“Just a great teammate,” UTSA coach Steve Henson said. “(He’s) a very, very tough, focused and conscientious player. Talk about every-day guys. He’s an every-day guy. He’s very, very tough physically. He tries to do exactly what you tell him.

“He’s a word-for-word guy. You tell him to go and pick on the wing at a certain angle, and he’s going to go and do it exactly the way you tell him to do it.”

Czumbel arrived in San Antonio in the summer of 2019 as a player UTSA coaches hoped would fill the void left by another Italian, former three-year starter Giovanni de Nicolao.

When De Nicolao broached the idea about leaving UTSA after his junior year to play pro ball in his native country, the Roadrunners started scanning the horizon.

It wasn’t long before they spied Czumbel, rising up in the ranks of the Italian junior circuit.

He had played for Team Italy in the FIBA U-18 European Championships, where he averaged 8.3 points, 2.4 assists and 1.6 rebounds.

Rotnei Clark, one of the greatest scorers in Oklahoma high school basketball history, helped facilitate the Roadrunners’ contact with Czumbel.

A player once recruited by Henson, Clark was starting for a pro team in Italy at the time, with Czumbel backing him up.

“He guards me every day. He’s an unbelievable defender,” Clark told Henson on the phone one day. “He’s tough. He’s coachable.”

Replied Henson, “That’s what we want. That’s what we need.”

As a result, Czumbel visited UTSA in the spring of 2019 and committed, reportedly shunning Loyola Marymount and another school that he had visited.

Last year, he played 32 games and started 24. This year, he’s played in all seven of UTSA’s games and has started two. He’s averaging 23.9 minutes.

UTSA assistant coach Scott Thompson is most happy to see Czumbel make steady progress.

It’s also not surprising at all to Thompson that Czumbel, who will turn 21 on Jan. 11, doesn’t seem fazed by playing on the road at Oklahoma or Oregon State.

In Europe, Czumbel played a lot of games in second division games against older players.

“The European game, there’s a toughness to it,” Thompson said. “They’re all about team. They’re all about winning.”

After a rocky start that included two bad losses at UT Rio Grande Valley and Oklahoma, the Roadrunners have started to play better.

After nearly upsetting Oregon State on the road, they’ve won two straight, notching lopsided home victories over Our Lady of the Lake and Lamar.

Czumbel is encouraged.

He said he likes the way the team is getting more production out of more players. He said he also likes the way the Roadrunners utilized a break between the Lamar and the Rice games.

“I think we’re working really hard,” he said. “We still have a lot of improvement (to make) … But we’ve seen some improvements already.

“I think from the first few games, coach said this is the best offensive ranking we’ve had in five years. With Jhivvan and Keaton not shooting it really well, it doesn’t feel that way.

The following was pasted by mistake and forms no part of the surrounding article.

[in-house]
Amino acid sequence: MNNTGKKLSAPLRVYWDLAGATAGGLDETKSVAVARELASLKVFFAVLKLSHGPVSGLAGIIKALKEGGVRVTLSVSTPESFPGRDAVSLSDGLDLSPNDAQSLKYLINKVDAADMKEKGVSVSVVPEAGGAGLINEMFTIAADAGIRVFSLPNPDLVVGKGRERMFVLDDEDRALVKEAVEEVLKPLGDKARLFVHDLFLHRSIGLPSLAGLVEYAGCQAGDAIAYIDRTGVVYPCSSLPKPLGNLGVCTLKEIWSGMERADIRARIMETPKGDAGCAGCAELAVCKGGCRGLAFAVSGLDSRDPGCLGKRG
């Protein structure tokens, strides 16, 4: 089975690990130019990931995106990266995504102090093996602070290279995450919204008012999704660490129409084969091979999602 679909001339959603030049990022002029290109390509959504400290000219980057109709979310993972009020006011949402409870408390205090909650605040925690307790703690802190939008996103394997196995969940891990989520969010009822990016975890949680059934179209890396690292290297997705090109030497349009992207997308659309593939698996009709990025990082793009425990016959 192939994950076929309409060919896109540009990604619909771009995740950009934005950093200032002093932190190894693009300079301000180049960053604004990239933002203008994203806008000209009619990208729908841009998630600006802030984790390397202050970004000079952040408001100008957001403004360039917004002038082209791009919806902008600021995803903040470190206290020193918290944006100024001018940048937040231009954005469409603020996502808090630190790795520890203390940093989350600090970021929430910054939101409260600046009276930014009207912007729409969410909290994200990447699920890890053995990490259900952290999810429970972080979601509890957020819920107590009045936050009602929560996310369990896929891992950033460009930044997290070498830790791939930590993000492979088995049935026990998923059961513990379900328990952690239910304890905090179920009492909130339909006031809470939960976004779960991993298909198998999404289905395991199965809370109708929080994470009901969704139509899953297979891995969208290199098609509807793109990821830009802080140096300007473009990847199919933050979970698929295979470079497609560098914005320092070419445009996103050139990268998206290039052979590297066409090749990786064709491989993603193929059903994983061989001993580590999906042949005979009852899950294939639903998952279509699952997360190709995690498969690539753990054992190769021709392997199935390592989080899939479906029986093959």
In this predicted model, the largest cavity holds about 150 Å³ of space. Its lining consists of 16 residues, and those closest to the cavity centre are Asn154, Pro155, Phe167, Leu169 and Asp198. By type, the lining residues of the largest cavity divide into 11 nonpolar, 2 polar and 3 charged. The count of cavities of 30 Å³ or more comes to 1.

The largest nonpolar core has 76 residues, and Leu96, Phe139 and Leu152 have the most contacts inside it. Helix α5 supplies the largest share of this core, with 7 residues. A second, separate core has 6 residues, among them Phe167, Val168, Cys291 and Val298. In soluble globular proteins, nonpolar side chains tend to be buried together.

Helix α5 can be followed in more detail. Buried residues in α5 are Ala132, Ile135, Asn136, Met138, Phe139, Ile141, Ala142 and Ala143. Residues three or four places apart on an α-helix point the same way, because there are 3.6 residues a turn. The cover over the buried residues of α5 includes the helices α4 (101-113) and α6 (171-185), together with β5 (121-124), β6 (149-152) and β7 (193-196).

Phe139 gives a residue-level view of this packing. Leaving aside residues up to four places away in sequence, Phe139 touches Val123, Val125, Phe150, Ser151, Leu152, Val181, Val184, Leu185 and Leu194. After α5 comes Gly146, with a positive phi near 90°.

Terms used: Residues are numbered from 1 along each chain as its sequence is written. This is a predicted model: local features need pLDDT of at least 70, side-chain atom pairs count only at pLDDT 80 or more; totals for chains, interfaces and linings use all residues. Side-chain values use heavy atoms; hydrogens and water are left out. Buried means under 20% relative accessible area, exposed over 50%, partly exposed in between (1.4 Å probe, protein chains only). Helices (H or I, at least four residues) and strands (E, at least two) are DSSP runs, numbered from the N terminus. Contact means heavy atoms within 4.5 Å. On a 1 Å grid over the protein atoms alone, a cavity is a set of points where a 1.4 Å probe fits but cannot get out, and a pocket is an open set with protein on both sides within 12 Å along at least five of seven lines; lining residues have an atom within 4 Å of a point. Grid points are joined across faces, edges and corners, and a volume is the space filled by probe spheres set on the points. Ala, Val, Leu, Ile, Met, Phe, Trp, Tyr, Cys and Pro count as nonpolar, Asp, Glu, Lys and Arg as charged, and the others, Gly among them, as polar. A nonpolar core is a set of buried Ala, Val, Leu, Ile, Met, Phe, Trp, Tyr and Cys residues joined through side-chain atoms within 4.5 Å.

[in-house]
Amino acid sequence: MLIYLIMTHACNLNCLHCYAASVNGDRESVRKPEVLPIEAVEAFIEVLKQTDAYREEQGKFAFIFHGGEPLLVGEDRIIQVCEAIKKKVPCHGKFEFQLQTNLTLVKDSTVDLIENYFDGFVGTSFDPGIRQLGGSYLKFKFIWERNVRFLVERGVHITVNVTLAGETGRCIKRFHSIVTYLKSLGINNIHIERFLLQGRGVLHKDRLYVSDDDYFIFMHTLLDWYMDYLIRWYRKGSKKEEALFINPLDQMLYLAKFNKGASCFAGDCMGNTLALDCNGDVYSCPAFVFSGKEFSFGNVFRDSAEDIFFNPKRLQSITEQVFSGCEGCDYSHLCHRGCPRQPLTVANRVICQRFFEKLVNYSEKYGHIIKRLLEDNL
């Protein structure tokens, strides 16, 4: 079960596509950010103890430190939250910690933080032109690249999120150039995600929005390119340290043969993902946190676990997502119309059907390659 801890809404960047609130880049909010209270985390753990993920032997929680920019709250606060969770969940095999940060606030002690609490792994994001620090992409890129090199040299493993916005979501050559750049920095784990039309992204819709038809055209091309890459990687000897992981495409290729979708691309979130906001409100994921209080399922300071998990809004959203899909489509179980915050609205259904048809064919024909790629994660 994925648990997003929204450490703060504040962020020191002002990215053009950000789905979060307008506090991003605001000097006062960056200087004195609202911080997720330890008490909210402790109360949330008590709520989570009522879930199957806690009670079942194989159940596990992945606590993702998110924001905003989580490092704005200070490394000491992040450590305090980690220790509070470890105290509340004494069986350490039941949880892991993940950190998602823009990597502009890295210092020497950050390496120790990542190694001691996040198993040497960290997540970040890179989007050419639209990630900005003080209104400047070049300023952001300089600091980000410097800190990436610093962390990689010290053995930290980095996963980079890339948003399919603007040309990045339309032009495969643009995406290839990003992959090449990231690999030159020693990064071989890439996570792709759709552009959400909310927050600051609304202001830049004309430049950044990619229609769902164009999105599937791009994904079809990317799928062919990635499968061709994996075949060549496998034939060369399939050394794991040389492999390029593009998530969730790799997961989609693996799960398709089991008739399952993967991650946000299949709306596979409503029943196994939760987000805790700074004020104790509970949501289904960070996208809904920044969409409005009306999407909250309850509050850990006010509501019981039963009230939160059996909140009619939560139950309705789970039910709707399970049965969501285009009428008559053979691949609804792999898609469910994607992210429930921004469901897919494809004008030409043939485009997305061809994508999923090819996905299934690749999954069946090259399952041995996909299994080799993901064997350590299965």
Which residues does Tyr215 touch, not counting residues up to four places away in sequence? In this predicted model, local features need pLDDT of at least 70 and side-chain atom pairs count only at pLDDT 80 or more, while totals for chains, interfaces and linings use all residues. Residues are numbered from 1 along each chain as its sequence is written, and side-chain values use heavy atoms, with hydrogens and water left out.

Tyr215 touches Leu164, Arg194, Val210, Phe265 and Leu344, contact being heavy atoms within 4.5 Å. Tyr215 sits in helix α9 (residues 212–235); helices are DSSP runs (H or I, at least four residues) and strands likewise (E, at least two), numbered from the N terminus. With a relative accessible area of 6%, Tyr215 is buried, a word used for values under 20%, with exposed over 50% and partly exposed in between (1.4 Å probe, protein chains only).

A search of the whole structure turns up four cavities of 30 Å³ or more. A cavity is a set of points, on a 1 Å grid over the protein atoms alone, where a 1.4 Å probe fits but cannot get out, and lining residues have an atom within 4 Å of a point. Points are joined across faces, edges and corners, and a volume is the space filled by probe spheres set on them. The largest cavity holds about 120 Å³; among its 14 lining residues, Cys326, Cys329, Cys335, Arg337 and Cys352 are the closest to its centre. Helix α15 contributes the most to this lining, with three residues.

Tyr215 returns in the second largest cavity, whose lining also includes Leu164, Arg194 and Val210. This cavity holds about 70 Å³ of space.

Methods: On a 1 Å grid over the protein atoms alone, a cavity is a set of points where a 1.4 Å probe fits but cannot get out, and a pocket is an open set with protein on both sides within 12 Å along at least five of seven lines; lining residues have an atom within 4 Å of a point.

“It’s amazing how it is. Because, we’re getting to the line more. We have a lot of players that don’t play big minutes but still average high points. So I think we’re improving every day. We look good.”

Henson said Czumbel has earned his coaches’ and teammates’ respect.

“Right now he’s coming off the bench, but he’s a starter and he’s going to be in the game at key points in the game,” the coach said. “We have a lot of confidence in him. His teammates have a lot of confidence in him. He affects the game, even when he’s not scoring.”

And when he does shoot it? Often times, good things happen for the Roadrunners on those occasions, as well.

Just ask the Rice Owls.

Steve Henson: UTSA in ‘pretty good shape’ physically

The UTSA Roadrunners experienced a few injury scares in their Dec. 22 home game against the Lamar Cardinals.

Jhivvan Jackson, Cedric Alley and Keaton Wallace all were slowed in the second half of UTSA’s last game before the Christmas break.

But on UTSA coach Steve Henson’s zoom call with reporters Wednesday, he said his team is in “pretty good shape” leading into Friday afternoon’s Conference USA opener against the Rice Owls.

“Today, you see a guy get bumped, knocked down,” Henson said. “Our guys are diving on the floor more, which is good. Our guys are playing hard. They’re getting treatment with (the trainer), but nothing of any real concern at this point.”

UTSA plays at Rice on back-to-back days, on Friday and Saturday.

“Adrian Rodriguez, I think, has got the most significant lingering injury,” Henson said. “He continues to feel good. Every day that goes by, he feels better. Healthier.

“We’ve been pretty fortunate in that regard. All the way through (the season), really. With Covid, with the normal sickness and injuries. We’ve had a lot of guys at practice every day.

“Like anybody, we’ve had a few sprained ankles. A few guys have had to miss a few practices. But, we’ve been pretty healthy.”

Coming up

UTSA at Rice, Friday and Saturday
North Texas at UTSA, Jan. 8 and Jan. 9


UTSA 4-3
Rice 6-2

Mama Mia! UTSA routs Rice, 95-79, for sixth straight victory

Junior guard Giovanni De Nicolao had 19 points and 7 assists in UTSA's 95-79 Conference USA victory over Rice on Thursday, Jan. 10, 2019, at the UTSA Convocation Center. - photo by Joe Alexander